In the first simulation, we compare the MSE performance of the ML estimator with the CRLB with fixed \sigma_{z}^{2} or \sigma_{n}^{2}. The results are plotted in Fig. 7. It is shown that the performance worsens with the increase of the proportion of the multiplicative noise when \sigma_{z}^{2} is fixed. When \sigma_{n}^{2} is fixed, it is demonstrated that the perturbation exacerbates the performance of estimation. The reason is that the norm of {\mathbf{w}}_{0} is comparable with \sigma_{n} in this case, and the optimal {}_{\rm opt}{\sigma_{e}^{2}} is zero. Note that the MSE of the ML estimator is much larger than the corresponding CRLB when N is small. This is mainly because the norm of the ML estimator has a substantial probability of being R_{w}.

The second simulation assumes that \sigma_{e}^{2}=0.3 and w_{0}=1, and the MSEs are averaged over 5000 MC trials. The results are plotted in Fig. 8. The optimal variance of the additive noise is 0.88, thus its CRLB is smaller than the \sigma_{n}^{2}=2 case. Meanwhile, the ML estimator approaches faster to the CRLB in the \sigma_{n}^{2}=2 case. As the number of measurements increases, the ML estimator also attains the CRLB in the \sigma_{n}^{2}=0.88 case.

Finally, the ML estimator is compared with other estimation methods. The parameters are set as follows: \sigma_{n}^{2}=1, \sigma_{e}^{2}=0.4. Three estimators are considered, including the ML estimator (28), the perturbation-ignored estimator (32) and a perturbation-known estimator corresponding to a completely known sensing matrix. All the MSEs are then compared with the CRLB (12). The results are plotted in Fig. 9. It is obvious that the perturbation-known case performs better than the CRLB in which the perturbation is assumed unknown. When the number of measurements N is smaller than 300, the perturbation-ignored estimator works better than the ML estimator. The reason is that the norm of the ML estimator has a much larger probability of being the norm threshold R_{w} than that of the perturbation-ignored estimator when the number of measurements is not large enough. While the effect of the bias of the perturbation-ignored estimator becomes apparent when the number of measurements increases. Thus the MSE of the perturbation-ignored estimator decreases slowly as N increases. In fact, the MSE converges to 0.031 according to (34). The MSE of the ML estimator decreases as expected, and asymptotically achieves the CRLB.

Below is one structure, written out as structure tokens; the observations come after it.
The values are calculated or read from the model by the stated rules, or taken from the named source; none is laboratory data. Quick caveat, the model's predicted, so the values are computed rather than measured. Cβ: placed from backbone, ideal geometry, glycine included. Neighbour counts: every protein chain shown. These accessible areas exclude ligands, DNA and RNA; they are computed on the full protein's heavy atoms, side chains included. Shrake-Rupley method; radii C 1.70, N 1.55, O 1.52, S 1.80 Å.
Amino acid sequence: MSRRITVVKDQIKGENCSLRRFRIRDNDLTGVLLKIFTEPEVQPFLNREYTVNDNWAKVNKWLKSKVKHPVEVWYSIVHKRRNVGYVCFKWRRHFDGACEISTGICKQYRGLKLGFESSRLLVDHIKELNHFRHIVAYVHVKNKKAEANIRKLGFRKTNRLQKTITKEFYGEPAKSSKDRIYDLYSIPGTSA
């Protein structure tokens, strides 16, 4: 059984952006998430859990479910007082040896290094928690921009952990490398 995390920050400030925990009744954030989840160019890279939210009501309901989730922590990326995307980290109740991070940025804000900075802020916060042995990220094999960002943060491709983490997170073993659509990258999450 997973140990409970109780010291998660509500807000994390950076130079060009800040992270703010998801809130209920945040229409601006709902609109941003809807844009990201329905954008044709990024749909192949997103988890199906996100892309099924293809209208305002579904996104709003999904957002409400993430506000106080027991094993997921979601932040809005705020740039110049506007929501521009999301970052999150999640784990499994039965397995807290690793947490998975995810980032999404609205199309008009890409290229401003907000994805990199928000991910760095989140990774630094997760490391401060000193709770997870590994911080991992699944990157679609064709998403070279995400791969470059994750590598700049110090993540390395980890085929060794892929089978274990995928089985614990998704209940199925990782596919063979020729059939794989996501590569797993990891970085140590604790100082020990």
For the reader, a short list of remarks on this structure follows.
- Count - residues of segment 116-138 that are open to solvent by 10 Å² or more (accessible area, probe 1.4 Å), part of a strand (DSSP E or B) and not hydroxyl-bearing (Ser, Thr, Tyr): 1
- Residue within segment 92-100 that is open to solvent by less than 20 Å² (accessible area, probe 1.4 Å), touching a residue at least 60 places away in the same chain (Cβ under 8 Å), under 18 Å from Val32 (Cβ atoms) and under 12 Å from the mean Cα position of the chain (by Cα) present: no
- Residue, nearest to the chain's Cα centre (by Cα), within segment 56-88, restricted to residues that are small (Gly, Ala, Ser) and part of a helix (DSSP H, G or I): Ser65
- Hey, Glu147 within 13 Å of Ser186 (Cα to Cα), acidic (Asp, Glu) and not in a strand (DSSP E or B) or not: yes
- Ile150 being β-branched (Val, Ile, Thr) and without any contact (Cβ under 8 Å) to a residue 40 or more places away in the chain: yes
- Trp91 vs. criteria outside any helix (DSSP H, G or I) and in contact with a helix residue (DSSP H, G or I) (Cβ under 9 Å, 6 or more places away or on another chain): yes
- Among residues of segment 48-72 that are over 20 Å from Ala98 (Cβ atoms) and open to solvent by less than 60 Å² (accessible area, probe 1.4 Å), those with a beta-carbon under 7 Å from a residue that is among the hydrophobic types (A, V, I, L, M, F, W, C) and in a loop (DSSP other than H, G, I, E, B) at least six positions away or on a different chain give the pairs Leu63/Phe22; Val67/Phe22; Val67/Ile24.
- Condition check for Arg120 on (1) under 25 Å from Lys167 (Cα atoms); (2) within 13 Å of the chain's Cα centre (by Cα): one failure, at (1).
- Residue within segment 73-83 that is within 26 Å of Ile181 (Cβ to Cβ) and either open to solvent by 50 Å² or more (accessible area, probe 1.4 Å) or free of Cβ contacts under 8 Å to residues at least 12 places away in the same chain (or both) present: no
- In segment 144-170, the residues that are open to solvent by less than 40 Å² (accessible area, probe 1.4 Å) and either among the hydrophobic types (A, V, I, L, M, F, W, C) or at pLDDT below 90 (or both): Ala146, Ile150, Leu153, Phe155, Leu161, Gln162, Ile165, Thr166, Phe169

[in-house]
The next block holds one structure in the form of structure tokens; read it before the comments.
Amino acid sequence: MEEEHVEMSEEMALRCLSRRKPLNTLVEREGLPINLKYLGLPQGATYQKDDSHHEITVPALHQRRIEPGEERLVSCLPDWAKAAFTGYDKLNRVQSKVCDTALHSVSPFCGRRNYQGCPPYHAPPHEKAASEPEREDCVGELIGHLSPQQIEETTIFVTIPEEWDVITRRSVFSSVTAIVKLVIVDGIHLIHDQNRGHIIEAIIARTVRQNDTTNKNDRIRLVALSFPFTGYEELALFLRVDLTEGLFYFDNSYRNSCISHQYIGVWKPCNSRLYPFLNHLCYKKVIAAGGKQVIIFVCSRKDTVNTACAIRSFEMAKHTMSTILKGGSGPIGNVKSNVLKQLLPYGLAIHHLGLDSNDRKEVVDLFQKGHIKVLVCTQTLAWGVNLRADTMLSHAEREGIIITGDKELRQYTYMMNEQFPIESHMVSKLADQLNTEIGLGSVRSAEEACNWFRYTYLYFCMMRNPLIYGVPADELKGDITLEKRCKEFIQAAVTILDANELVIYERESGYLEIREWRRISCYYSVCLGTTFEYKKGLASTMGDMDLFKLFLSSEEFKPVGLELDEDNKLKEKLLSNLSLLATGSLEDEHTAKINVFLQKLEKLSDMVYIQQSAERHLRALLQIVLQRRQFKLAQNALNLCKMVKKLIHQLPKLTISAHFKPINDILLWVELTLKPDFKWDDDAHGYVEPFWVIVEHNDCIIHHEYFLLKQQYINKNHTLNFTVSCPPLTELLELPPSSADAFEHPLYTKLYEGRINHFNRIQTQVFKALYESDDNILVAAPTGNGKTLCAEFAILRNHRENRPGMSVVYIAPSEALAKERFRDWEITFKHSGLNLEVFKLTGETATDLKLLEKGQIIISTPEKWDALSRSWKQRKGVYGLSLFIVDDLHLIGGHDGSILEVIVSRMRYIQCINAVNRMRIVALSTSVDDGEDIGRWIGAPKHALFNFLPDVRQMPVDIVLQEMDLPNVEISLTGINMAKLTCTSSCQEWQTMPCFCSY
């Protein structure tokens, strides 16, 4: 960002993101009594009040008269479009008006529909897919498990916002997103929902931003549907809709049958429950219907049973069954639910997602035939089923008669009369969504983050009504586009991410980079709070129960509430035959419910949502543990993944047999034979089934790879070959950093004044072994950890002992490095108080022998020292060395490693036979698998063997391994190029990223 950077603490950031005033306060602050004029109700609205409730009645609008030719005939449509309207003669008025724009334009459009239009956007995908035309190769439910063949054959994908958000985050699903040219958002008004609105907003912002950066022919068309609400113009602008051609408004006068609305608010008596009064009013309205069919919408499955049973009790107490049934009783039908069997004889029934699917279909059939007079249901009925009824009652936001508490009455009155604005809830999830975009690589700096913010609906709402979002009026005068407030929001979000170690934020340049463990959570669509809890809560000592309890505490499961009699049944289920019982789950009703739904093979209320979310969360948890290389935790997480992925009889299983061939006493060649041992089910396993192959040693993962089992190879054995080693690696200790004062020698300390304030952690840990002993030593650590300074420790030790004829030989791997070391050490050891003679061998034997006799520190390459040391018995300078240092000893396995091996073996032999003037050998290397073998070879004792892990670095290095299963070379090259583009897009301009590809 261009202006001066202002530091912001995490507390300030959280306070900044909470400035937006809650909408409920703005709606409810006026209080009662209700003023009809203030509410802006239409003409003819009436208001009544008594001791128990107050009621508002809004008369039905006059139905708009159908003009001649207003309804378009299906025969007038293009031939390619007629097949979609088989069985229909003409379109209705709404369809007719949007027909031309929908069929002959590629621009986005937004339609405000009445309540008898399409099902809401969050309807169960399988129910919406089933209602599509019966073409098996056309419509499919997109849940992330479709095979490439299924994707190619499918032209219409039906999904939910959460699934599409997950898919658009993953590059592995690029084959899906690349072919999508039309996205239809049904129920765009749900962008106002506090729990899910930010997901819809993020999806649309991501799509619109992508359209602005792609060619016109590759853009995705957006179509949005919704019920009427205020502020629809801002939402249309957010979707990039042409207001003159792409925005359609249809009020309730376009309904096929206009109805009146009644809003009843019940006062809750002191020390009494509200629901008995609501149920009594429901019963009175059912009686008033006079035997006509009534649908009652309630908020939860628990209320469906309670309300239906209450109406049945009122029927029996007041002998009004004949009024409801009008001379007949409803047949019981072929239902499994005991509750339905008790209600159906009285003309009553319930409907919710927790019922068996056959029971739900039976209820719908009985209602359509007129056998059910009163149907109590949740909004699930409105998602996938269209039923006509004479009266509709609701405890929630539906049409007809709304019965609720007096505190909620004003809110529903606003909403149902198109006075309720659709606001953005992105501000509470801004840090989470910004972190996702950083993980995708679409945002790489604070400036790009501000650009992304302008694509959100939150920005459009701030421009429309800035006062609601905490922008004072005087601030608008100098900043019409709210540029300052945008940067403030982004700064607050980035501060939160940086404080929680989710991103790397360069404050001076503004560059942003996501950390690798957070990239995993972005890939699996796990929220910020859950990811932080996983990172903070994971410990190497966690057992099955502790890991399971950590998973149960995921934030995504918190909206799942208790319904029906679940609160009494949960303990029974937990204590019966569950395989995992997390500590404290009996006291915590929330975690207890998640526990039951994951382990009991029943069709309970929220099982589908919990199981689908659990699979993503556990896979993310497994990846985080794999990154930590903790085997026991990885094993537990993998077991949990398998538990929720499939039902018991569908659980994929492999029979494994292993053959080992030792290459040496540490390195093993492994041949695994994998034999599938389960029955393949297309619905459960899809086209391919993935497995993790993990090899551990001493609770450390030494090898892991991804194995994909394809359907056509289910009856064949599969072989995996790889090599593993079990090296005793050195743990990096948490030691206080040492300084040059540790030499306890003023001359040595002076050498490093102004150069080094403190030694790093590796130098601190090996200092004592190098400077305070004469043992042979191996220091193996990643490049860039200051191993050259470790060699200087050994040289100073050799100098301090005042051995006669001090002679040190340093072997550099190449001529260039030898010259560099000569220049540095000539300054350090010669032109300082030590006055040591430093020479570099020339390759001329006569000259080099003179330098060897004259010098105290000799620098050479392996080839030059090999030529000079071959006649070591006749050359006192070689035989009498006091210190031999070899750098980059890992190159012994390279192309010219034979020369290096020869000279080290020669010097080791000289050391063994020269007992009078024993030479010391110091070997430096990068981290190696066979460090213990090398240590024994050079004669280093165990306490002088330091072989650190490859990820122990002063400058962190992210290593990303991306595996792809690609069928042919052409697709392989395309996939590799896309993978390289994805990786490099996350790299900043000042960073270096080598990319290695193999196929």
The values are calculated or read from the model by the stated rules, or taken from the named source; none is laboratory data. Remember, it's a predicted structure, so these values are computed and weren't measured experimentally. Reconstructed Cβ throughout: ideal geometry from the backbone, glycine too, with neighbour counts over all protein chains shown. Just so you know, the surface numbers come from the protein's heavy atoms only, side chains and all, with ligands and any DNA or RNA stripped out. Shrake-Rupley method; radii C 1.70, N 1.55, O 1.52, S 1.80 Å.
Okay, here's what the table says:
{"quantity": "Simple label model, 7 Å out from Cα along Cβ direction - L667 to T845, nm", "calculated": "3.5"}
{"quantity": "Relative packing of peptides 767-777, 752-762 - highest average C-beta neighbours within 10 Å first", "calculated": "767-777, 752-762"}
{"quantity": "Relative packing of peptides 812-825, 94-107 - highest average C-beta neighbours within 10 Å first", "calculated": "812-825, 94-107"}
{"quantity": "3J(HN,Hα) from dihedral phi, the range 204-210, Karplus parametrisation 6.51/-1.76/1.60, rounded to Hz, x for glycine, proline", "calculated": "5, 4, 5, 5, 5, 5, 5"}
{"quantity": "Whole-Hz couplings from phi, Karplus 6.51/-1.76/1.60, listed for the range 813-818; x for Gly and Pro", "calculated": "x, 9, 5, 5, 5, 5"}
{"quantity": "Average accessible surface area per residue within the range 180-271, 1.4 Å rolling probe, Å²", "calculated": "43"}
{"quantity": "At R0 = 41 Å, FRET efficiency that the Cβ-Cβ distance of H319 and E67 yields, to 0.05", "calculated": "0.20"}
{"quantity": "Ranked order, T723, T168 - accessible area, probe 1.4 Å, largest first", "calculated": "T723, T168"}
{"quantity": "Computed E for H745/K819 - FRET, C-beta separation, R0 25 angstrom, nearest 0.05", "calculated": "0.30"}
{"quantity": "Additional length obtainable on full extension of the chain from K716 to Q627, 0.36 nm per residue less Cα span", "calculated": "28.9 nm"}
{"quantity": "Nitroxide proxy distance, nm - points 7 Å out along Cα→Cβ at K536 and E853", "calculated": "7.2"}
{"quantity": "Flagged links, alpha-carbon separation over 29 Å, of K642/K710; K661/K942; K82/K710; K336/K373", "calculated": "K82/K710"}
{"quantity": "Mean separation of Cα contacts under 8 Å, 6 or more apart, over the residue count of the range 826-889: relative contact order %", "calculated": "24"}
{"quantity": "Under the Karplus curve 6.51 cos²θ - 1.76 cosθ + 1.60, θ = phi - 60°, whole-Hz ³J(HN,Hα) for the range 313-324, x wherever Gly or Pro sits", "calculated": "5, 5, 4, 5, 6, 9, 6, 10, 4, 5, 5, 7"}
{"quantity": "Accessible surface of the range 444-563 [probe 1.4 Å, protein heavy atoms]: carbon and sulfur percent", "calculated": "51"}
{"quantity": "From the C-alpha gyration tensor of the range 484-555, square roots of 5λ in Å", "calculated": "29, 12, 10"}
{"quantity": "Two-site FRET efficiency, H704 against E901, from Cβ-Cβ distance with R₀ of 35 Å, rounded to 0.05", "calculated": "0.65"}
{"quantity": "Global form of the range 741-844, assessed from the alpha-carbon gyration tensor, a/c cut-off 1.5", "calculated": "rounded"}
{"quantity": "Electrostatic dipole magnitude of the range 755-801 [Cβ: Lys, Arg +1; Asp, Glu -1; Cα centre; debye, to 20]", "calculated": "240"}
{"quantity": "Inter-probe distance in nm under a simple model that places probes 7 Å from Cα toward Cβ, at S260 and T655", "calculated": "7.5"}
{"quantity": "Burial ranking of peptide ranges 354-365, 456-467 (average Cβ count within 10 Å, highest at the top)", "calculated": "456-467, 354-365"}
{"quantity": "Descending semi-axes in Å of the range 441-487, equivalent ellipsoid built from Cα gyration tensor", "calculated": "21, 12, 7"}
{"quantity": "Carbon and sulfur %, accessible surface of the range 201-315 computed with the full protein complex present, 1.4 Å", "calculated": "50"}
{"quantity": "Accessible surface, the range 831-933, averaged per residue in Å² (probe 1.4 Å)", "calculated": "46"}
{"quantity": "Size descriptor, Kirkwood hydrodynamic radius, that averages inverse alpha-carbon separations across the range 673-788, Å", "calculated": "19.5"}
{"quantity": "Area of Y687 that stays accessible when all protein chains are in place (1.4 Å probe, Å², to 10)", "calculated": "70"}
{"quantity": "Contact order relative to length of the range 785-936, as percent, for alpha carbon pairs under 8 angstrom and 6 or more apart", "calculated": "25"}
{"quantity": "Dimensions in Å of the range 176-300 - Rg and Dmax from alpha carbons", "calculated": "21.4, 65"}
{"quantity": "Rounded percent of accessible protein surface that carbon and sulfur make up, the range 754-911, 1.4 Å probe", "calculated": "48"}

## 7 Conclusion

In this paper, we have studied the problem of estimating a deterministic parameter vector from sign measurements with a perturbed sensing matrix. Firstly, the ML estimator was utilized to estimate the unknown parameter and it was proved to be consistent. The CRLB was derived to analyze the performance of the estimator. It was demonstrated that with the variance of the equivalent noise fixed, the perturbation exacerbates the performance of the estimation. Meanwhile, under certain relationship between the variance of additive noise and the strength of the perturbation, the CRLB on the MSE will achieve its minimum. This result demonstrates that in the MSE sense, suitable perturbation may be beneficial in some special cases. Secondly, it was shown that the original ML estimation problem could be transformed to a convex optimization problem, which can be efficiently solved. Theoretical analysis implied that suitable perturbation may be beneficial to improve the probability that the optimal point of the ML estimator exists. Furthermore, under a perturbed sensing matrix, the perturbation-ignored estimator is a scaled version with the same direction of the ML estimator. It was also shown that the perturbation-ignored estimator works well when the number of measurements is not large enough and the perturbation is small. However, the perturbation-ignored estimator is biased and its MSE converges to a constant as the number of measurements increases. In contrast, the ML estimator is unbiased and achieves the CRLB in the asymptotic sense.